‘Where the Spirit of the Lord is, there is liberty’ (2 Cor.3:17). This liberty has a double aspect – liberty before God as a son and in Christ, and liberty from the law of sin in the flesh. I have a new place in Christ, in that I have died to the old Adam – and am now alive in Christ. Instead of dying physically, I have found a Deliverer, and I reckon myself dead, because Christ (who died) is in me as my life. The Holy Spirit gives me adoption, and the consciousness of being a son. The flesh may be still there, but I am not a debtor to it, but I am no longer a captive to the law of sin. On the contrary, Christ’s grace is sufficient for me, strength being made perfect in weakness. I am at liberty, because the sin I have discovered in my flesh has been condemned in the cross of Christ. Now by faith I am crucified with Him, and have a new place before God, after the cross, beyond Satan’s power, death and judgment. That place is liberty – liberty before God and from the law of sin. I am dead to sin, having died with Christ.

Romans does not go further than death, and Christ being our life. In Colossians, we are raised with Him, and are also dead to the world.

Christ’s work is so perfect, that we could, like the thief on the cross, go straight to paradise. But we are left here in the world, and have to do with the old man – the flesh, with Satan and with the world around. But we are free, redeemed out of the state and standing that we were in. As believers sealed with the Spirit, we are consciously sons in true liberty. But there is more still: when we have learned what it is to have died with Christ, the soul is set ‘free from the law of sin and death’ (Rom 8:2). As dead, we justified from sin – not sins.

A dead man no longer has a perverse will or evil lusts. But having the flesh we still have them. So unless we mortify the deeds of the body, an evil power is at work, giving us a bad state and weakened spiritual judgment. The flesh has does not answer to deliverance, and though we might have not lost the sense of our standing with God, and have liberty in one sense, our flesh works as if we had no spiritual power in Christ.

The Conflict

Now, in such cases, the remedy is not to deny our deliverance; Entangling our souls again in the yoke of bondage does not give us power. Slaves are not combatants, the yoke has to be broken. ‘Where the Spirit of the Lord is, there is liberty’ (2 Cor 3:17). Where there is liberty and spiritual power, there is also conflict. “The flesh lusteth against the Spirit, and the Spirit against the flesh” (Gal 5:17). Hence in Rom, 6:11, we are free, dead to sin, and alive in Christ to God.   Are we going to give ourselves to sin, or to God, to righteousness, the fruit being holiness, and the end everlasting life? (See v. 20-23). Our standing is perfect; our state no way so. How far do we live up to the life which is ours in Christ, through Christ in us? In 2 Cor. 4:10 we have, “Always bearing about in the body the dying [not the death] of the Lord Jesus, that the life of Jesus may be manifested in our body.”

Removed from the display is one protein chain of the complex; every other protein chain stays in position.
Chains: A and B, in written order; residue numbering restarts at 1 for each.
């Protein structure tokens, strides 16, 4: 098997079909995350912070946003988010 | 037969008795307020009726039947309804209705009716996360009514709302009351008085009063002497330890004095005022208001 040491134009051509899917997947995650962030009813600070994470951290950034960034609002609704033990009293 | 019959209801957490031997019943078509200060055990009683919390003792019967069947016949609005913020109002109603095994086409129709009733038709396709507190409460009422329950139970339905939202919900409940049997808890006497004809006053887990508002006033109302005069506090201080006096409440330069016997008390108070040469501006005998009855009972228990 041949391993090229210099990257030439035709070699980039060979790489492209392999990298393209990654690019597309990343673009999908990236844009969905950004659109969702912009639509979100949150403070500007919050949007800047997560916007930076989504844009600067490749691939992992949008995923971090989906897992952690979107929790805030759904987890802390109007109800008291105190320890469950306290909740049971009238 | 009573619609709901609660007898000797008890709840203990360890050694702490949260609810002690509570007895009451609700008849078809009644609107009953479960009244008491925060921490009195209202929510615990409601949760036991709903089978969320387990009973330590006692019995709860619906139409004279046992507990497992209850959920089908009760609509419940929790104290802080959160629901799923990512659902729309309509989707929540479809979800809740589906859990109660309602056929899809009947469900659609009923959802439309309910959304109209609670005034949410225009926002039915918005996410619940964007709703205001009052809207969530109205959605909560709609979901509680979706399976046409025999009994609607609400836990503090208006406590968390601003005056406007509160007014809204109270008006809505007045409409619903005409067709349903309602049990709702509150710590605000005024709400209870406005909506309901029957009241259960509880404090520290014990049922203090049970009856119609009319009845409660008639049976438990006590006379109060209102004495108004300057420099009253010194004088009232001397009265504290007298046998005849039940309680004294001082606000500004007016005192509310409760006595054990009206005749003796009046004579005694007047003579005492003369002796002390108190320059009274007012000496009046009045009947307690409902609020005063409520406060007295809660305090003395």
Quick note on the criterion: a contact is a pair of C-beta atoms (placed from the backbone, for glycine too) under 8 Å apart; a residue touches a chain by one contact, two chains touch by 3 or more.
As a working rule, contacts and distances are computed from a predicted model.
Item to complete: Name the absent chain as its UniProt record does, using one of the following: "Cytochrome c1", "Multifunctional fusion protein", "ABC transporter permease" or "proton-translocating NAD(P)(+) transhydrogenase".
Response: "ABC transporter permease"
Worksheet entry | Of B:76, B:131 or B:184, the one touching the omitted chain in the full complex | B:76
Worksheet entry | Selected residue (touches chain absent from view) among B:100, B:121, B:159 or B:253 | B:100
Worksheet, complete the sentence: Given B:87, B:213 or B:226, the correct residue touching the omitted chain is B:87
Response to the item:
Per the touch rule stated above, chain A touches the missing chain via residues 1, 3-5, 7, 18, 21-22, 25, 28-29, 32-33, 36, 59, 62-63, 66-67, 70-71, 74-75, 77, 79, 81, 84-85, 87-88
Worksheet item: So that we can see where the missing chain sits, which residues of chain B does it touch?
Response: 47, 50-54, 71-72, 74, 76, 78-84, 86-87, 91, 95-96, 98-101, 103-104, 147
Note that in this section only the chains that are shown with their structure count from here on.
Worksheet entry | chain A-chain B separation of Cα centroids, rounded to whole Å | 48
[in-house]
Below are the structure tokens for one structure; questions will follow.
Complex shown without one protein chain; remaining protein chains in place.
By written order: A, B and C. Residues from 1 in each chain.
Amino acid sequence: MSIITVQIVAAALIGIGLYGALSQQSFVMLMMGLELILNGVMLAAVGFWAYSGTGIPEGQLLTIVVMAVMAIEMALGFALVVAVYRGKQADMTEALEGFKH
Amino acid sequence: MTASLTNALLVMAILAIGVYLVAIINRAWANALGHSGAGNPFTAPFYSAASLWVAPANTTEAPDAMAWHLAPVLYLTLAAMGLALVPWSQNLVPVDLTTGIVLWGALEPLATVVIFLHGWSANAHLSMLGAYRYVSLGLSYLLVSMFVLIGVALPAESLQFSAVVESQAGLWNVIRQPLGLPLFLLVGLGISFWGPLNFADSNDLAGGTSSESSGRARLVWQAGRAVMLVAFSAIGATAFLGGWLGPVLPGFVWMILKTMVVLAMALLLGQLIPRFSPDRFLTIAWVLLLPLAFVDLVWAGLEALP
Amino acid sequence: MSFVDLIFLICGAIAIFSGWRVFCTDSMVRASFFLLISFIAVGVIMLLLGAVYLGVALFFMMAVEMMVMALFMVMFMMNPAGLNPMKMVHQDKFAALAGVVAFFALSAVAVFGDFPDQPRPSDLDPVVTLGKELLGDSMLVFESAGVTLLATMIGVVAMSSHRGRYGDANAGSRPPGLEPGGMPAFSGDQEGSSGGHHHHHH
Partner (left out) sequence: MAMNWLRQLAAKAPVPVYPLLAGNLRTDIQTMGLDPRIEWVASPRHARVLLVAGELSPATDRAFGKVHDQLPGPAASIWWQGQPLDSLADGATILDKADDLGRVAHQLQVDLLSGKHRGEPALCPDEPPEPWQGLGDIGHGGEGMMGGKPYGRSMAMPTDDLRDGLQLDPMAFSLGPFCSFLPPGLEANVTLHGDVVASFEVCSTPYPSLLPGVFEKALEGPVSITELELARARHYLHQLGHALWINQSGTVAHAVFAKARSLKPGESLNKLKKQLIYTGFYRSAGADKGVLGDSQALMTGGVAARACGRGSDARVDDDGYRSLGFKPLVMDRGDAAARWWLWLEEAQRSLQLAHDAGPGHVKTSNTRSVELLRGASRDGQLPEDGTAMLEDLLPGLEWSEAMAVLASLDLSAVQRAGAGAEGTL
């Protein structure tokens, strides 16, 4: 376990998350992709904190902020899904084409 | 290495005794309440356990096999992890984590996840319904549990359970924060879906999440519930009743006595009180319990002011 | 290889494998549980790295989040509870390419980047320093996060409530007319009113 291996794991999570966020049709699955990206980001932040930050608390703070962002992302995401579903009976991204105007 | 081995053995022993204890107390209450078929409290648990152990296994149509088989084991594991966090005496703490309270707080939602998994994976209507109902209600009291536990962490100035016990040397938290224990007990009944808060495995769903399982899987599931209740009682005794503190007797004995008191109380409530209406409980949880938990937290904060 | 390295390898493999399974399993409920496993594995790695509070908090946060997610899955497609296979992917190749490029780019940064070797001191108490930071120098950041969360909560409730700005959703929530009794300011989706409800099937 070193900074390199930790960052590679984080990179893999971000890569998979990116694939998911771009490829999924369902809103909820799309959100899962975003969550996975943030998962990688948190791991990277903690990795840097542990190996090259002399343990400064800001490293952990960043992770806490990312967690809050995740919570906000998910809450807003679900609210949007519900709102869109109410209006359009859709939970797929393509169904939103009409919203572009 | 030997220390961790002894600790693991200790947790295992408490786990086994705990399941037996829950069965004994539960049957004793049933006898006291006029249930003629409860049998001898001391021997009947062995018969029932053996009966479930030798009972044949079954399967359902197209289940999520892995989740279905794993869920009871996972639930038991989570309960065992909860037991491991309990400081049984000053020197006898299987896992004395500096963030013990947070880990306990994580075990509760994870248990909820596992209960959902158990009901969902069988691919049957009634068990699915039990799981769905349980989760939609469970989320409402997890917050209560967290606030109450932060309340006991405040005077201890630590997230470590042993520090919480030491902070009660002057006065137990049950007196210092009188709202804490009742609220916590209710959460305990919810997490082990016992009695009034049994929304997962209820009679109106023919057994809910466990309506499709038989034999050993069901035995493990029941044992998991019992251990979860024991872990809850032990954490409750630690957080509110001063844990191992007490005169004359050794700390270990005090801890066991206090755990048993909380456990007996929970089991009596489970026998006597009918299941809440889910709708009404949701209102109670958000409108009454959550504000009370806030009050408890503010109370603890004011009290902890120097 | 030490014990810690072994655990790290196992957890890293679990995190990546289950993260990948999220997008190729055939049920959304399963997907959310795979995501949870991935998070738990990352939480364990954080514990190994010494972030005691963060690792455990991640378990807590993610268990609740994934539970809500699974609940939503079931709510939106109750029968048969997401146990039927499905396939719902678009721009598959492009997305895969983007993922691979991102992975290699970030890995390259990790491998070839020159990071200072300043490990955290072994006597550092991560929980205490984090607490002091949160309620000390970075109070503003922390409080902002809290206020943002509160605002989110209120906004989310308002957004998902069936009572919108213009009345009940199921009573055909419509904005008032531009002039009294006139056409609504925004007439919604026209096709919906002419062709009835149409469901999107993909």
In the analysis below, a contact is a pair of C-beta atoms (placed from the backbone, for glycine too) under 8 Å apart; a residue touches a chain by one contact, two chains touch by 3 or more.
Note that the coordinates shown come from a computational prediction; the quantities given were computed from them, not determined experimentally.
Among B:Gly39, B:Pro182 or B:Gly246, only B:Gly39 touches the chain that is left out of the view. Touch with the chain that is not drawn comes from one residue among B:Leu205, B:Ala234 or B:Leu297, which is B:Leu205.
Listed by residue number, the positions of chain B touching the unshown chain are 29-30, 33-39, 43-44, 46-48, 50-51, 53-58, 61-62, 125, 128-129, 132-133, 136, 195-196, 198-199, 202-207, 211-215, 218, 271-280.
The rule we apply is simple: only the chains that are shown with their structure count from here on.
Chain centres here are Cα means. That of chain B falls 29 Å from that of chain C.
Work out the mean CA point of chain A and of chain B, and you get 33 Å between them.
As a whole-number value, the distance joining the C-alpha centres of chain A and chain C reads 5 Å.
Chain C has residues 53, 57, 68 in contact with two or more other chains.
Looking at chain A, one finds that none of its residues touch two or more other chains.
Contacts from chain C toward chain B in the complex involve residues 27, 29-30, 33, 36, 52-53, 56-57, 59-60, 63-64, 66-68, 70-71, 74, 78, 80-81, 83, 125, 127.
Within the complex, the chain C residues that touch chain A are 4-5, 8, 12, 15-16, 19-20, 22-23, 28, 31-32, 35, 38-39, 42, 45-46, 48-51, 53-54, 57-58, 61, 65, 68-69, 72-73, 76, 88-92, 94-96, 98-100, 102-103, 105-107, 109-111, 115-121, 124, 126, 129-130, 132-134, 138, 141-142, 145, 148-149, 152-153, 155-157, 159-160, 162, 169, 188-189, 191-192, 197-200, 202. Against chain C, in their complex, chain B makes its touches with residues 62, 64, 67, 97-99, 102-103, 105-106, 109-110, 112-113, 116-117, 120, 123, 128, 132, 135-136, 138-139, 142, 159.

Our normal condition is to be ‘with open face beholding as in a glass the glory of the Lord’ (2 Cor. 3:18). We are changed into the same image; by faith we feed on Him in His humiliation as the bread come down from heaven; we live by Him; we abide in Him, and we grow up unto Him, who is the Head, in all things. Though the flesh is still here, the heart is elsewhere, so the flesh is inactive, it being suppressed by the dying of Jesus. A living body has its own will and acts according to it, but ‘If Christ be in you, the body is dead because of sin; but the Spirit is life because of righteousness.’ (Rom 8:10). Alas, we do not maintain this normal condition and God disciplines us, sometimes with a thorn in the flesh. We pass through temptations and snares, and pray constantly not to fail. But if we fail, we have an Advocate with the Father. Power is there in Christ for us; we are spiritually free. There is no excuse for failure – but we do.

Sonship

A son is always a son and knows it, even though he may be a naughty, rebellious son. He can never be a slave, He is not under the law of sin, but he may be practically governed by it in his ways, because he is not profiting by the grace and power of Christ. The standard of his Christianity becomes frightfully low; he sees “no harm” in things which, in earlier times, he would have shrunk from – not because they were prohibited, but because the life and Spirit of Christ in him found no food or attraction in them. This is a sad state. The remedy, however, is not making him doubt of his adoption, but presenting the claim of Christ’s love to walk worthy of the calling wherewith he is called.

It is important to understand that deliverance in the sense of known relationship with God, is different from deliverance as having died and having been risen with Christ. In the first it is the place we are in, in the latter it is the experience of walking in power as belonging to that place. Though the flesh is in us, we seek grace and strength from Christ. We can do nothing without Him.

Deliverance from the law of sin is the normal Christian state. We know the law of the Spirit of life in Christ Jesus, and the power of the Spirit of God. We have true liberty: that is based on Christ’s once dying to sin, and for sin. See Romans 6 and 8. Grace is sufficient for us; our strength made perfect in weakness (we know that); so that there is no excuse for us to sin, even though the flesh is still in us.

Until we have learned that, we do not get freedom. Freedom is the portion of every Christian taught of God. We have strength for it in looking to Christ.   The Lord is so gracious!